Brandeis International Business School

Financing the COVID-19 recovery

The pandemic hit the global economy like a tidal wave. Three all-star alumni reflect on how the UN, IMF and World Bank responded

For three of our all-star alumni working at multinational institutions, the onset of the pandemic was a sudden personal and professional transition.

For three of our all-star alumni working at multinational institutions, the onset of the pandemic was a sudden personal and professional transition.

For millions of people around the world, the onset of the COVID-19 pandemic brought with it a realization that everything was about to change.

For three Brandeis International Business School alumni and the critical intergovernmental organizations they work for, that moment of reckoning was coupled with the urgent need to draw up blueprints for a global economic recovery.

Andrea Dore, MA’98, is the head of funding in the capital markets and investments department of the World Bank. Elida Reci, MA’99 is an economist working for the department for social and economic affairs at the United Nations (UN). And Olaf Unteroberdoerster, MS’98, PhD’98, is a division chief in the finance department of the International Monetary Fund (IMF).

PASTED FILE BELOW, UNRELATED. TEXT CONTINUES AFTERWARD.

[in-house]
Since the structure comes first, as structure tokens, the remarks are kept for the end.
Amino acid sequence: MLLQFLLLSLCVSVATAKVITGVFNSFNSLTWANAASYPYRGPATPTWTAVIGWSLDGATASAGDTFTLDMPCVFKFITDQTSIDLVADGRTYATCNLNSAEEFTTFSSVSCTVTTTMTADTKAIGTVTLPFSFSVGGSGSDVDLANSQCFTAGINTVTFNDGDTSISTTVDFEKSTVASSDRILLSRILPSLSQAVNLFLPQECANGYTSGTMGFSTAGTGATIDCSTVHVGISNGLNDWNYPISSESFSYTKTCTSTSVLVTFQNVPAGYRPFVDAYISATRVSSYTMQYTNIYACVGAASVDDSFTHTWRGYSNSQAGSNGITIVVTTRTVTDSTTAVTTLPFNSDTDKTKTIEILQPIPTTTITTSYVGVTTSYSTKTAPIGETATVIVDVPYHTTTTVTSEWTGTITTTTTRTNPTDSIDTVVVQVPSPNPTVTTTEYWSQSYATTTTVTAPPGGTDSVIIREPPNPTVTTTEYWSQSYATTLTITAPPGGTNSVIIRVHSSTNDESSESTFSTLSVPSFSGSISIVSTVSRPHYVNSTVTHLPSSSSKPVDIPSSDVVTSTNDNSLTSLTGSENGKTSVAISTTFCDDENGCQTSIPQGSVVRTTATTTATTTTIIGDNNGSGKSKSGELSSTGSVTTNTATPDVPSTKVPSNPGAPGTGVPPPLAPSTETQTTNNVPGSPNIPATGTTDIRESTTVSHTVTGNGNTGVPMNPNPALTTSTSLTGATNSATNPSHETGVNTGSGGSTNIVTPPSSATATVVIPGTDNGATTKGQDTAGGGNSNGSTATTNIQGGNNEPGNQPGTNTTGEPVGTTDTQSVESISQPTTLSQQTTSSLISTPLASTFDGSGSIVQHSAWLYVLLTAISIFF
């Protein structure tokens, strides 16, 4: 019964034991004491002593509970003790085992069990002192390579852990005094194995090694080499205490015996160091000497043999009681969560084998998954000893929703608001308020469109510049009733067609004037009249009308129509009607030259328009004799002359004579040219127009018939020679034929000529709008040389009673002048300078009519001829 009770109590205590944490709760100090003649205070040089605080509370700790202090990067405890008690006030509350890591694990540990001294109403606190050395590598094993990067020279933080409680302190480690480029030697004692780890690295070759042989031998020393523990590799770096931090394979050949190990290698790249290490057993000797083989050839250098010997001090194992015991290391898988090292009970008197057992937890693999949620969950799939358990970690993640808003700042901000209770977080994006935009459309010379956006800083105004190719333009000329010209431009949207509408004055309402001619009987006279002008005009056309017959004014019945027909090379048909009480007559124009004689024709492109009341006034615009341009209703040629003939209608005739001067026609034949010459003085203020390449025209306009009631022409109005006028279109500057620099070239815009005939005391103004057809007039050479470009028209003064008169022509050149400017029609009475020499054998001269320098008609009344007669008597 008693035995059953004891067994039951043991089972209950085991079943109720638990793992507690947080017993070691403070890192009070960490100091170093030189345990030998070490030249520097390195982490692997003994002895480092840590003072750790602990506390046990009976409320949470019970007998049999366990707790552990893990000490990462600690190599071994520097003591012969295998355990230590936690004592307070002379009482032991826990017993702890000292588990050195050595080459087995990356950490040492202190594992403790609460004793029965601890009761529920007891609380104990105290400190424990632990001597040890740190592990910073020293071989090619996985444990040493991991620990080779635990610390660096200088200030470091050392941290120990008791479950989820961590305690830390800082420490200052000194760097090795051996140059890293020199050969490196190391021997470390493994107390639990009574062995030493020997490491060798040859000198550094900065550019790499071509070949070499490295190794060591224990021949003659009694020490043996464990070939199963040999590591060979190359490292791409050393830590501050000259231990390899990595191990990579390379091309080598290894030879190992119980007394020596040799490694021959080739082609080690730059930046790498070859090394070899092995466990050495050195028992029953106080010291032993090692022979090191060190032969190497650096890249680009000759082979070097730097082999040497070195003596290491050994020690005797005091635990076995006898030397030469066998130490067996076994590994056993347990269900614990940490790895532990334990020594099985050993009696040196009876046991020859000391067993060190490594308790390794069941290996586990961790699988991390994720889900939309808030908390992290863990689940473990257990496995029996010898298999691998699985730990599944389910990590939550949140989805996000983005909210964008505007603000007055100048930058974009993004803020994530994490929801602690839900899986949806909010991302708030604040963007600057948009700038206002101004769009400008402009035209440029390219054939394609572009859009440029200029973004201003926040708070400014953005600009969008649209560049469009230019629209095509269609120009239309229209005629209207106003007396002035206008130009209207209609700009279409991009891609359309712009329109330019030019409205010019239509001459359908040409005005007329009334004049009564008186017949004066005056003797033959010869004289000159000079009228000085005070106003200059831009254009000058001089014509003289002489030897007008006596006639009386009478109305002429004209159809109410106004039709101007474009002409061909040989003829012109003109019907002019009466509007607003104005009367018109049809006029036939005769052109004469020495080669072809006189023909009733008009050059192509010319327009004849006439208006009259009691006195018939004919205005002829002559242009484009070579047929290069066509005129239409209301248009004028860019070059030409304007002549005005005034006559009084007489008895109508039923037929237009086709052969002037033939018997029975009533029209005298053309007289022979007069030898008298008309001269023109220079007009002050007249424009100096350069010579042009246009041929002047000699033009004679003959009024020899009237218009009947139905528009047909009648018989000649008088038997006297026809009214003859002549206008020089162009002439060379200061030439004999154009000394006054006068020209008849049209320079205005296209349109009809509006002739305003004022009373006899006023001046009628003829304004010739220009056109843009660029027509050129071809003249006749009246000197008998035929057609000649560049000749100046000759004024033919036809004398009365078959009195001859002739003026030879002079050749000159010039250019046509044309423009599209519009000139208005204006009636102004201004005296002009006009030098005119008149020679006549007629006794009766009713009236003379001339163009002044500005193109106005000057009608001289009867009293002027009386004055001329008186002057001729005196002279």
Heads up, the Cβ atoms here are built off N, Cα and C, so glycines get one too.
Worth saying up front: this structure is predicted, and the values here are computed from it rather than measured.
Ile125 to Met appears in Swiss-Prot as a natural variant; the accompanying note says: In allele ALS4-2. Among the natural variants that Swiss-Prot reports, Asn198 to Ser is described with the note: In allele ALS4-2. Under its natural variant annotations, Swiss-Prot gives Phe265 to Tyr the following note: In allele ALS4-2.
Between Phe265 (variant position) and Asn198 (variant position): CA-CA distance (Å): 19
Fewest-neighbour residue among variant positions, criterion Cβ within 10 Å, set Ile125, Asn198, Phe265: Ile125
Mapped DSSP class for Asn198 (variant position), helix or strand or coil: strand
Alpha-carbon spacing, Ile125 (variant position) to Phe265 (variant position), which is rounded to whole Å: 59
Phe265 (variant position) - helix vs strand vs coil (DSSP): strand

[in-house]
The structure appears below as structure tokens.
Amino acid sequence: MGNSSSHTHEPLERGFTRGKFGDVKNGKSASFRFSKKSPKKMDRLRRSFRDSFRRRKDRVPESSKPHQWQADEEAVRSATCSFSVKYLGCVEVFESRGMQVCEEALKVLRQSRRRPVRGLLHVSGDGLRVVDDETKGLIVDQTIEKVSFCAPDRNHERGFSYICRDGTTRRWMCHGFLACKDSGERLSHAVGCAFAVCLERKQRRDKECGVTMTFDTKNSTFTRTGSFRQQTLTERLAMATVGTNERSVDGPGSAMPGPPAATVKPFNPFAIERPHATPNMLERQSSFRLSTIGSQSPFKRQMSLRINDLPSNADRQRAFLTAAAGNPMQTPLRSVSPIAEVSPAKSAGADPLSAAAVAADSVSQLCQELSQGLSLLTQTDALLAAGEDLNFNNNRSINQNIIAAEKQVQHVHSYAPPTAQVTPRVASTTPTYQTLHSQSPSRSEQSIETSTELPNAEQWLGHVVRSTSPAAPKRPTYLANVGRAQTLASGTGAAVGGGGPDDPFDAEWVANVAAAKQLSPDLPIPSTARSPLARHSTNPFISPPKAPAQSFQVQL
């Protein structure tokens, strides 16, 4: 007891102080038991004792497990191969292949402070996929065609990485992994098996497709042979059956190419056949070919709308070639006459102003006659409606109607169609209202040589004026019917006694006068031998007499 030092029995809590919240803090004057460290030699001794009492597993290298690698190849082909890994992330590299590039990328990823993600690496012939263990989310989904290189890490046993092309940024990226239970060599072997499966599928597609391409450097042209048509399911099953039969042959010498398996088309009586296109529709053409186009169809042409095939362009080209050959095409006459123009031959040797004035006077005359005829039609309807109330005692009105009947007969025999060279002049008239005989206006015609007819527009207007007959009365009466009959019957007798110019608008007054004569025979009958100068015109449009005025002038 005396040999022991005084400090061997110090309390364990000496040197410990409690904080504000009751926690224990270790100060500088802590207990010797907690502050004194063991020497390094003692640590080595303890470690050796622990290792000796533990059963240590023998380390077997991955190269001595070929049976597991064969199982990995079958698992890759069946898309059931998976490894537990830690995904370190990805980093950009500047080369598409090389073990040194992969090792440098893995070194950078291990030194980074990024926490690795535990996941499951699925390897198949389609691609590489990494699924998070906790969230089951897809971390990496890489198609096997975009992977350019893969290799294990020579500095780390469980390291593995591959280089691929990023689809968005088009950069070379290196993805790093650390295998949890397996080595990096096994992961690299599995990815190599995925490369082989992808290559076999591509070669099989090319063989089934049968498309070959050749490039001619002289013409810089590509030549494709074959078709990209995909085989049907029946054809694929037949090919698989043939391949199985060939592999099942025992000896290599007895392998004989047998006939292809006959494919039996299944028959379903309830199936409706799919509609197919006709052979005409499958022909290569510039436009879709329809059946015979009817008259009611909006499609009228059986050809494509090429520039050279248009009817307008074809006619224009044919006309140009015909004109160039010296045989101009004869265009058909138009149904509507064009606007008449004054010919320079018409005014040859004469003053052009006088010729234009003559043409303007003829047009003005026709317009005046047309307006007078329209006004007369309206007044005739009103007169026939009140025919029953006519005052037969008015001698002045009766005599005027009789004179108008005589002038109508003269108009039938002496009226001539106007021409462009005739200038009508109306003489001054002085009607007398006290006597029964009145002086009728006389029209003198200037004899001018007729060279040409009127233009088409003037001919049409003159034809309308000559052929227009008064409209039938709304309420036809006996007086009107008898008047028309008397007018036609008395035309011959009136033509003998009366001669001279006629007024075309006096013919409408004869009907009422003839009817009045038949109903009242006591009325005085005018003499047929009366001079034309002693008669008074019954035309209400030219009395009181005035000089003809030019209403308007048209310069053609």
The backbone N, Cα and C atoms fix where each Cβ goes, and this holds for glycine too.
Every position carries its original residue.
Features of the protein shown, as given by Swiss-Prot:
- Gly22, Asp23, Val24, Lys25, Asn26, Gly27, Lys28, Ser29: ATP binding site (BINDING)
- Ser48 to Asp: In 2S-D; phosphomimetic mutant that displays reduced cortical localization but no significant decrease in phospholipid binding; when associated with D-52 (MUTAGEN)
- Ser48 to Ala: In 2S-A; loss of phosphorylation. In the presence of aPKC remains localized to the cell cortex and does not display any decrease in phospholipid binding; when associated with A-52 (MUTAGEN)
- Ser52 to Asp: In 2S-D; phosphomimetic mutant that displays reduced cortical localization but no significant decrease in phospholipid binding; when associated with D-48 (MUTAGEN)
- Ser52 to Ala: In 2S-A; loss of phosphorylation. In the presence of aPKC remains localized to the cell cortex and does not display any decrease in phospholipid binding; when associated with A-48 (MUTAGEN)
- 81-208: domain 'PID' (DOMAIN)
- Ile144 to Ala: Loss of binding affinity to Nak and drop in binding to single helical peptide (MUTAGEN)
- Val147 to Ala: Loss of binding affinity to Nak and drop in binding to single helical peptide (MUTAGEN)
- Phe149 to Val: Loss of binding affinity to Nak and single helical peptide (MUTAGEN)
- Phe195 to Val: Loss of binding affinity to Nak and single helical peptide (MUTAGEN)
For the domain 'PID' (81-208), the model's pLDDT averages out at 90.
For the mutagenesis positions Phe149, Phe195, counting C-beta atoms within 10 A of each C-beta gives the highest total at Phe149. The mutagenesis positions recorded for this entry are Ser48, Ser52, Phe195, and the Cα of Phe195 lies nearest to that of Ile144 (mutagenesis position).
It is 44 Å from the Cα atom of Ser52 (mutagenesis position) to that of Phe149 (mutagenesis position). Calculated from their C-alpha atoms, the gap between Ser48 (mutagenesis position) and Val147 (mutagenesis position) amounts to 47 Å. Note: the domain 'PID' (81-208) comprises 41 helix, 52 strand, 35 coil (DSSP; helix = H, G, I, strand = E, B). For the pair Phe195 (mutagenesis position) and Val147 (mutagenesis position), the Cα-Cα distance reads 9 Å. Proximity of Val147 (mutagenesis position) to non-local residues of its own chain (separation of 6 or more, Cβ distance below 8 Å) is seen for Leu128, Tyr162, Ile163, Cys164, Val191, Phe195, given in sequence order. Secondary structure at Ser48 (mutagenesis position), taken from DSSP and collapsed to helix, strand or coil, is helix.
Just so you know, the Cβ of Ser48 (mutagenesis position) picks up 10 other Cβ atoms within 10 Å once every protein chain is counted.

During a Trends in Asset Management panel on March 24, Dore, Reci and Unteroberdoerster described how their organizations quickly adapted existing tools and launched new programs to meet the unprecedented challenges posed by the coronavirus.

“Within hours we focused on fighting the pandemic,” said Unteroberdoerster. “And it was really impressive to see how quickly we then shifted gears at all levels.”

Unteroberdoerster said the IMF augmented an existing emergency finance program and streamlined the approval process, sending more than $110 billion to 85 countries in 2020. Prior to the pandemic, only three or four countries used the program, he said.

“The IMF is essentially a firefighting institution at the center of the global financial safety net,” said Unteroberdoerster. “The IMF was designed to address economic and financial crises, and while this is a health crisis in the first instance, it is also an economic and financial crisis.”

Over the span of eight days in April 2020, Dore said the World Bank raised $15 billion from global capital markets to fund COVID-relief programs for a range of countries. All told last year, the World Bank raised $80 billion — double the typical amount, she said.

“Recognizing the magnitude of the crisis, we had to set things up fairly quickly,” said Dore. “There is no sort of training book or any training manual for this.”

Reci said the UN responded in myriad ways at the global and national levels, targeting health, education and critical infrastructure support.

“We’re trying at the same time to work on reducing our vulnerability to future pandemics,” said Reci. “And that comes by strengthening our institutions and their capacities to respond to such crises.”

Trends in Asset Management is a virtual event series featuring insights from top finance executives and academics. The March 24 panel, titled “Innovative Financing for the COVID-19 Recovery: The View from the IMF, UN and World Bank,” was co-sponsored by the International Business School’s Asset Management Council and the Perlmutter Institute for Global Business Leadership.